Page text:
In today's world, cyber fraud is increasingly affecting individuals and businesses. Cyber fraud is any criminal act dealing with computers or networks.
Cyber fraud is possibly the most common of all cybercrime offences. The internet allows offenders to hide their identities behind websites and email addresses, providing a forum in which they never have to meet a victim in person to commit their offence. Some offenders may also be a part of a wider criminal group and can be based anywhere in the world.
The scale and extent of cyber fraud is so large that anyone who uses computers to bank, shop or even communicate with friends could be a target. There are many different types of cyber fraud, which can affect both individuals and businesses:
Cyber fraud targeting individuals:
Electronic financial frauds such as online banking frauds and internet enabled card-not-present (CNP) fraud
Fraudulent sales through retail sites or through fake websites
Mass-marketing frauds and consumer scams, including phishing scams where they use fraudulent emails disguised as legitimate emails
Cyber fraud targeting businesses and solicitors:
Where fraudsters intercept emails between the solicitor and their client and 'arrange' for monies intended for a property transaction to be diverted to their account
Invoice Fraud - Where a fraudster sends a false invoice to a client ahead of the law firm sending their legitimate invoice
Chief Executive Fraud - This occurs when a fraudster poses as a Chief Executive or superior advisor in a company creating a stressful situation where the receiver of the message feels they need to respond to the request of transferring monies urgently without questioning the validity of the message
Friday afternoon Fraud - This occurs on the traditional day that conveyancing completions are taking place, where clients receive emails that appear to have come from their solicitor asking them to transfer their deposit to an alternative bank account. By taking place on a Friday, this also allows the fraudsters time over the weekend to move the money before anyone can realise and intervene.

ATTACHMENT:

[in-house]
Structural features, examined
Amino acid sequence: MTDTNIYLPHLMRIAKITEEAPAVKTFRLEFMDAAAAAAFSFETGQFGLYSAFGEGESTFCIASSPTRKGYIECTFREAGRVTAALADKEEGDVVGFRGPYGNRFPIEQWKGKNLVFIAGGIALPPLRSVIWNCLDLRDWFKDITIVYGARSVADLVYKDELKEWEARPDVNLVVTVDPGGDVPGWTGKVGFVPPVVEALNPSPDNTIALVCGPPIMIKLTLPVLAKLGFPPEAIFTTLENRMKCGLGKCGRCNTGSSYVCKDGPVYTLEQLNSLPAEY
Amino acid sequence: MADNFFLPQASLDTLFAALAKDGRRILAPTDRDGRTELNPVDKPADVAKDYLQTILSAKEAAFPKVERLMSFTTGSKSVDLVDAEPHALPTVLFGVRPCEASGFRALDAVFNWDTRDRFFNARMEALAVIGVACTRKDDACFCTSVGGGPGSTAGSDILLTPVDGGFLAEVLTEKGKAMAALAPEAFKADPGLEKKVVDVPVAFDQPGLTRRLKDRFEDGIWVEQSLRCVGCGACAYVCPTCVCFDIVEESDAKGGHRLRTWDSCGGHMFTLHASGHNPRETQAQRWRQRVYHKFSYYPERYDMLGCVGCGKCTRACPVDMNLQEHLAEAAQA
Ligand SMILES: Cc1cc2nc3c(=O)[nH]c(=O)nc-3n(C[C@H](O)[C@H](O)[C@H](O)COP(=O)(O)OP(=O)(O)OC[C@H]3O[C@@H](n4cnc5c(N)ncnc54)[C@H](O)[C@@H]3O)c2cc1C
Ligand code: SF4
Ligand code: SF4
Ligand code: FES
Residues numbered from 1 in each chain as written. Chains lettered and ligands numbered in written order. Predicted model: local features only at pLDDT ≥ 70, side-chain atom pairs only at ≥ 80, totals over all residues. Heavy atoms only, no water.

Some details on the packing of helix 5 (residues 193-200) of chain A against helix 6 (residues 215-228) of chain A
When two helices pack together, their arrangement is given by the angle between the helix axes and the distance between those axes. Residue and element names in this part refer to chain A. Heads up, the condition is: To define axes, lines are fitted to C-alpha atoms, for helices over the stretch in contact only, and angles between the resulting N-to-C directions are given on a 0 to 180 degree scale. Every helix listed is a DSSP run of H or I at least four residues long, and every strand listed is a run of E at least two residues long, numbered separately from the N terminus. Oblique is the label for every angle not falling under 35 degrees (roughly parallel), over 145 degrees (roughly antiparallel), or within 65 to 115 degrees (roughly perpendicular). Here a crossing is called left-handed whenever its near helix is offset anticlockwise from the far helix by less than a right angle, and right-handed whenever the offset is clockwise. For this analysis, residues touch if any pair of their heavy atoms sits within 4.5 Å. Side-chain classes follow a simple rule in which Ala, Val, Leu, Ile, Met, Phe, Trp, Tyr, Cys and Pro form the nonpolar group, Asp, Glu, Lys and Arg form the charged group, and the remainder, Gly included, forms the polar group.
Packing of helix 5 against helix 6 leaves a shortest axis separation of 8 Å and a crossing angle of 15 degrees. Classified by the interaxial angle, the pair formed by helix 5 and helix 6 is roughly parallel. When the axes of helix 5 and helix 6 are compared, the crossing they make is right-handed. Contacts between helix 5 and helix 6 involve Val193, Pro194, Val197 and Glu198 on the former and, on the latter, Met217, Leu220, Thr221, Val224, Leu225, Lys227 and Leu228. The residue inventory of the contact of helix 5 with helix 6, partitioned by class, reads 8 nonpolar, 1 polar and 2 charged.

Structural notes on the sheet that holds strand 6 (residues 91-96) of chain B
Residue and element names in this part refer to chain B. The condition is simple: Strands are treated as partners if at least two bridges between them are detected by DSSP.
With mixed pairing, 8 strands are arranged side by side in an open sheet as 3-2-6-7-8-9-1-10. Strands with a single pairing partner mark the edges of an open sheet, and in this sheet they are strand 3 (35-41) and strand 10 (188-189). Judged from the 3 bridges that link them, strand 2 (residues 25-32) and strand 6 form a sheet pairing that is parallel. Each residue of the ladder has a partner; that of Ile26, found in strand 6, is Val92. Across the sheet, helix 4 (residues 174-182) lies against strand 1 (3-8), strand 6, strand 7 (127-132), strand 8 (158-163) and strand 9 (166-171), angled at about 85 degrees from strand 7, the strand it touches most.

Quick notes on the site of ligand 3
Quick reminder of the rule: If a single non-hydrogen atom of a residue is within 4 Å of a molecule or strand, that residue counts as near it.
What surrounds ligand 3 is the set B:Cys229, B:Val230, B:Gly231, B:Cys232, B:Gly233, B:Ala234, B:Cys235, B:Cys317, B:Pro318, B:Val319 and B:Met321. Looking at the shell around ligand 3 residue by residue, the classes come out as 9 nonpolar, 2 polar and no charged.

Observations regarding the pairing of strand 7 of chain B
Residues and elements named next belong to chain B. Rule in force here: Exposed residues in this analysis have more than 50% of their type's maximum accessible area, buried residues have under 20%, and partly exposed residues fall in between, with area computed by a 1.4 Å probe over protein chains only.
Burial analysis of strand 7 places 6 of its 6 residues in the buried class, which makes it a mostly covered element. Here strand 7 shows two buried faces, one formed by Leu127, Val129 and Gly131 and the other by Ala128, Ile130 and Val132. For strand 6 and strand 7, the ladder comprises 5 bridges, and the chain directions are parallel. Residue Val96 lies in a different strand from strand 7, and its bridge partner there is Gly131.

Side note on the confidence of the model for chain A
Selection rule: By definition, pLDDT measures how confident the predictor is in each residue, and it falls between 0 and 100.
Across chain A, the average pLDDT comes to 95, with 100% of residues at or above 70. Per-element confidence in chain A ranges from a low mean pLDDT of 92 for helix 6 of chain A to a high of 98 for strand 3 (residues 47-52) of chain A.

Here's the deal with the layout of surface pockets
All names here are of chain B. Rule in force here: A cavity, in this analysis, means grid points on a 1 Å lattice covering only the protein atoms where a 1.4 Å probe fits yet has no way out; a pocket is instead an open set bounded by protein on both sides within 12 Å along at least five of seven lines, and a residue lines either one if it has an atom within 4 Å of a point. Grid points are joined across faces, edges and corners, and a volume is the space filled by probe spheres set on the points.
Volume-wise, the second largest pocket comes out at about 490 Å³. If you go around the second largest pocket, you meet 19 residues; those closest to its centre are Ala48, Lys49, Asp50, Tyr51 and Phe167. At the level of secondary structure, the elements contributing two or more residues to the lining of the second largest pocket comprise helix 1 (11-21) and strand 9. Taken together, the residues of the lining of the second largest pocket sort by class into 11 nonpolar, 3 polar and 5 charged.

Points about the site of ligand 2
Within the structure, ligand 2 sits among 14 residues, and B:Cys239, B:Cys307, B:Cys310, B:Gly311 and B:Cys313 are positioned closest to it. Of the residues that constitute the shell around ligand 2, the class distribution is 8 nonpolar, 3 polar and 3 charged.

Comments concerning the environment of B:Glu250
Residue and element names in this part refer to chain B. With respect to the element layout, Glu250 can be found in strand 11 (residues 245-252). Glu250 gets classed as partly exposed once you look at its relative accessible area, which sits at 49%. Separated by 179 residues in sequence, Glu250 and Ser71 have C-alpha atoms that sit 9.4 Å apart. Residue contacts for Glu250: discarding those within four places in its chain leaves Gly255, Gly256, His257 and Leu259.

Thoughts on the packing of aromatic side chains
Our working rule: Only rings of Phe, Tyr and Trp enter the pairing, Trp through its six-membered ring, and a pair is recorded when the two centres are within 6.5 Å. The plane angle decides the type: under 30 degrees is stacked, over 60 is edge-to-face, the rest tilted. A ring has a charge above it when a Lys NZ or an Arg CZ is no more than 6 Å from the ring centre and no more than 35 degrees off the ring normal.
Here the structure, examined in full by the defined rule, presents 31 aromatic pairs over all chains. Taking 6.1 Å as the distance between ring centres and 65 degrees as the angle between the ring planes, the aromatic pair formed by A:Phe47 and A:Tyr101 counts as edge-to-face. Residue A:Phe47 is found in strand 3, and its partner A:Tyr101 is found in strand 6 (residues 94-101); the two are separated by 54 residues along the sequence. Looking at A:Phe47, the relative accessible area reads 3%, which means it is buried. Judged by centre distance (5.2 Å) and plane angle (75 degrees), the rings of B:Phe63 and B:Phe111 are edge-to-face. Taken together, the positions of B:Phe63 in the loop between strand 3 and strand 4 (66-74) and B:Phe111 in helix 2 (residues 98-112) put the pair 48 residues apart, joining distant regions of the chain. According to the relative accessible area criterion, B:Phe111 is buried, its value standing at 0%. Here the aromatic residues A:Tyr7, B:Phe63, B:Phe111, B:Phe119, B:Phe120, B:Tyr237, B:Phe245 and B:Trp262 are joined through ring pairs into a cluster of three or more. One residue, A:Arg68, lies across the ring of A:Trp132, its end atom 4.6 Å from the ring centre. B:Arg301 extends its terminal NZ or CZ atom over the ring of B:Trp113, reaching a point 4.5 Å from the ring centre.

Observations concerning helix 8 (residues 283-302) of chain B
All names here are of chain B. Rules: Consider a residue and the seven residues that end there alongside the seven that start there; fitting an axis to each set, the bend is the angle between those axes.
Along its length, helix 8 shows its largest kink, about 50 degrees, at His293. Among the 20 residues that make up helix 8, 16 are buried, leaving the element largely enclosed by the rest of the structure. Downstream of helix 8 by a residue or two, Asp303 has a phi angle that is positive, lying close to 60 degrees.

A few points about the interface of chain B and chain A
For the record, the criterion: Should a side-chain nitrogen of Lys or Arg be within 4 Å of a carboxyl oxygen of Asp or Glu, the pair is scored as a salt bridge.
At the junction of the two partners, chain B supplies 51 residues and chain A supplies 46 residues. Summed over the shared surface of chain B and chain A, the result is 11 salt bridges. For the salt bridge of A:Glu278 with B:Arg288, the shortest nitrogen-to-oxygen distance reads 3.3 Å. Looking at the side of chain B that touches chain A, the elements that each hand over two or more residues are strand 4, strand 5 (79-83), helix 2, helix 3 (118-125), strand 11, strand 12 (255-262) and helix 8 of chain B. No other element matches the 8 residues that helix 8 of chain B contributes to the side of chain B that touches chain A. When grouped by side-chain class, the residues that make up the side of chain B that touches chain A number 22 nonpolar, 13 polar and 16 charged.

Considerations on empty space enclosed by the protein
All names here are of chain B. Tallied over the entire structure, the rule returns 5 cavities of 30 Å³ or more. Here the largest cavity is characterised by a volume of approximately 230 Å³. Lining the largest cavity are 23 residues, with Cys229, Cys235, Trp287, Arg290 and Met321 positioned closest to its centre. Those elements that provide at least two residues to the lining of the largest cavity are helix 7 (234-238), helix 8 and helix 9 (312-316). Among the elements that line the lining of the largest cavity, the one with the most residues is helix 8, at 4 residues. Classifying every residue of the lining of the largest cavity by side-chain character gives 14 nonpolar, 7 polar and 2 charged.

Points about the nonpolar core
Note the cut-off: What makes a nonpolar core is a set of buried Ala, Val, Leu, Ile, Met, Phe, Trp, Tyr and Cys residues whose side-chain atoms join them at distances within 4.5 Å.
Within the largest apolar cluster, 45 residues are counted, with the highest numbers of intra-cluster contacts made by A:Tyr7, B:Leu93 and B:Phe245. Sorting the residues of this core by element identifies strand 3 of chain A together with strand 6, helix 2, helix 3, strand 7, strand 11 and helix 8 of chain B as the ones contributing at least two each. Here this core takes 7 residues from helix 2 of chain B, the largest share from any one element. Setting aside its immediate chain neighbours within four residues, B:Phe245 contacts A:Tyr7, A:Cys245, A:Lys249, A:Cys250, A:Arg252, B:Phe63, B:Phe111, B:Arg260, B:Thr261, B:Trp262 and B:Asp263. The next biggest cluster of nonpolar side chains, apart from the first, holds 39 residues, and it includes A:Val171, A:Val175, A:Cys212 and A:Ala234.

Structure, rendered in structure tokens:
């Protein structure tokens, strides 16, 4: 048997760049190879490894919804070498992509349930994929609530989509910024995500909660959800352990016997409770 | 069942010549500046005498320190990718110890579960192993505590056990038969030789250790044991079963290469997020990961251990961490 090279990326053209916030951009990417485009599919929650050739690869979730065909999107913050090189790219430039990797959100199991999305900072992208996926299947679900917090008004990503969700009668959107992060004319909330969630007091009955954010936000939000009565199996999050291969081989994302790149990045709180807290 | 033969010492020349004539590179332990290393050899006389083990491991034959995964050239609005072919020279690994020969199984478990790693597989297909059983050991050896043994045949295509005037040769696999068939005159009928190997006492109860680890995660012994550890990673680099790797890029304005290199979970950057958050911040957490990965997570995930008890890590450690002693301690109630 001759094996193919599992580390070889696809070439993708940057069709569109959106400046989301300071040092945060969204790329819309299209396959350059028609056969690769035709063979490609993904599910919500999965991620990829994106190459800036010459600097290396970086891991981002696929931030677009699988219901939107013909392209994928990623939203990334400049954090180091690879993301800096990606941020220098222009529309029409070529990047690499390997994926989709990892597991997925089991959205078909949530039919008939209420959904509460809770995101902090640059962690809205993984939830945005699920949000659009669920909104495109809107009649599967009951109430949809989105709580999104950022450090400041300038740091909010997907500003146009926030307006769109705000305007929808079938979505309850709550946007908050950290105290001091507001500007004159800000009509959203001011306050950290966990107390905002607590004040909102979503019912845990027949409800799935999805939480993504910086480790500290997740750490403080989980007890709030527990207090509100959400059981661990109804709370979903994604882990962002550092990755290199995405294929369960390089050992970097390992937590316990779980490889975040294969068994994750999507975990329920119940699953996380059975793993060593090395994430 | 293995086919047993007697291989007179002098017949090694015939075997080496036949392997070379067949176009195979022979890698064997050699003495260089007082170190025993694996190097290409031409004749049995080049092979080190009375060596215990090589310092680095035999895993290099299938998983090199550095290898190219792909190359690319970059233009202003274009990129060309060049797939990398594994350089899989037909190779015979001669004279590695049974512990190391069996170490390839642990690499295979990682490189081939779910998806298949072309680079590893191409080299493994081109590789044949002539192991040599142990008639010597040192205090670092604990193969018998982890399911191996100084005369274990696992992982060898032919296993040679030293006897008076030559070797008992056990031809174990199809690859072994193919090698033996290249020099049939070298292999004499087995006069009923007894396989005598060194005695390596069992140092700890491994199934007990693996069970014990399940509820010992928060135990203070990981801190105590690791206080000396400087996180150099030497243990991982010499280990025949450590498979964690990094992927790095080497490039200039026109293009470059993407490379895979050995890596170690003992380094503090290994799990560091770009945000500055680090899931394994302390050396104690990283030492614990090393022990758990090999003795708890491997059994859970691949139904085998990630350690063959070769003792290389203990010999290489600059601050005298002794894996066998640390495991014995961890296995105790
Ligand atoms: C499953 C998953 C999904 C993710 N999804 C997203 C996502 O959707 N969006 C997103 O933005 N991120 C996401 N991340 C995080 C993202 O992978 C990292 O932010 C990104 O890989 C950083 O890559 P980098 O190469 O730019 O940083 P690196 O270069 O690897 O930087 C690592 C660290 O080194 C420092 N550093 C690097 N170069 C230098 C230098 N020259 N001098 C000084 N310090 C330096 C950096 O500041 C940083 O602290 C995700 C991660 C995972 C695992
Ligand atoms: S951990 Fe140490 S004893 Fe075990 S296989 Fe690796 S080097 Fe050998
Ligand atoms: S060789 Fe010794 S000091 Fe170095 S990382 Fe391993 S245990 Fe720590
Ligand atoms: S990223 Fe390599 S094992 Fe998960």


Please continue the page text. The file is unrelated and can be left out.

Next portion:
Identity fraud - This occurs when someone other than the legal owner of the property poses as the legal owner and tries to sell the property without the owner's consent or knowledge.
Bringing a Cyber Fraud Claim
Business owners, insurers and solicitors are all understandably concerned about the threat of cyber fraud affecting their services, as they owe their clients a duty of care and will be held legally responsible for their client's losses.
To bring a Cyber Fraud Claim, the cause of action will be in negligence and breach of trust. A breach of trust occurs when there has been a violation of a duty or responsibility to another individual and this violation need not have been intentional or out of malice. In a solicitor and client relationship, a solicitor that fails to undertake reasonable steps to verify a seller's identity before completing a conveyancing transaction is likely to be found liable.
Similarly, a solicitor that fails to notice the signs of fraud before it occurs is also likely to be found liable. A successful claimant will receive damages.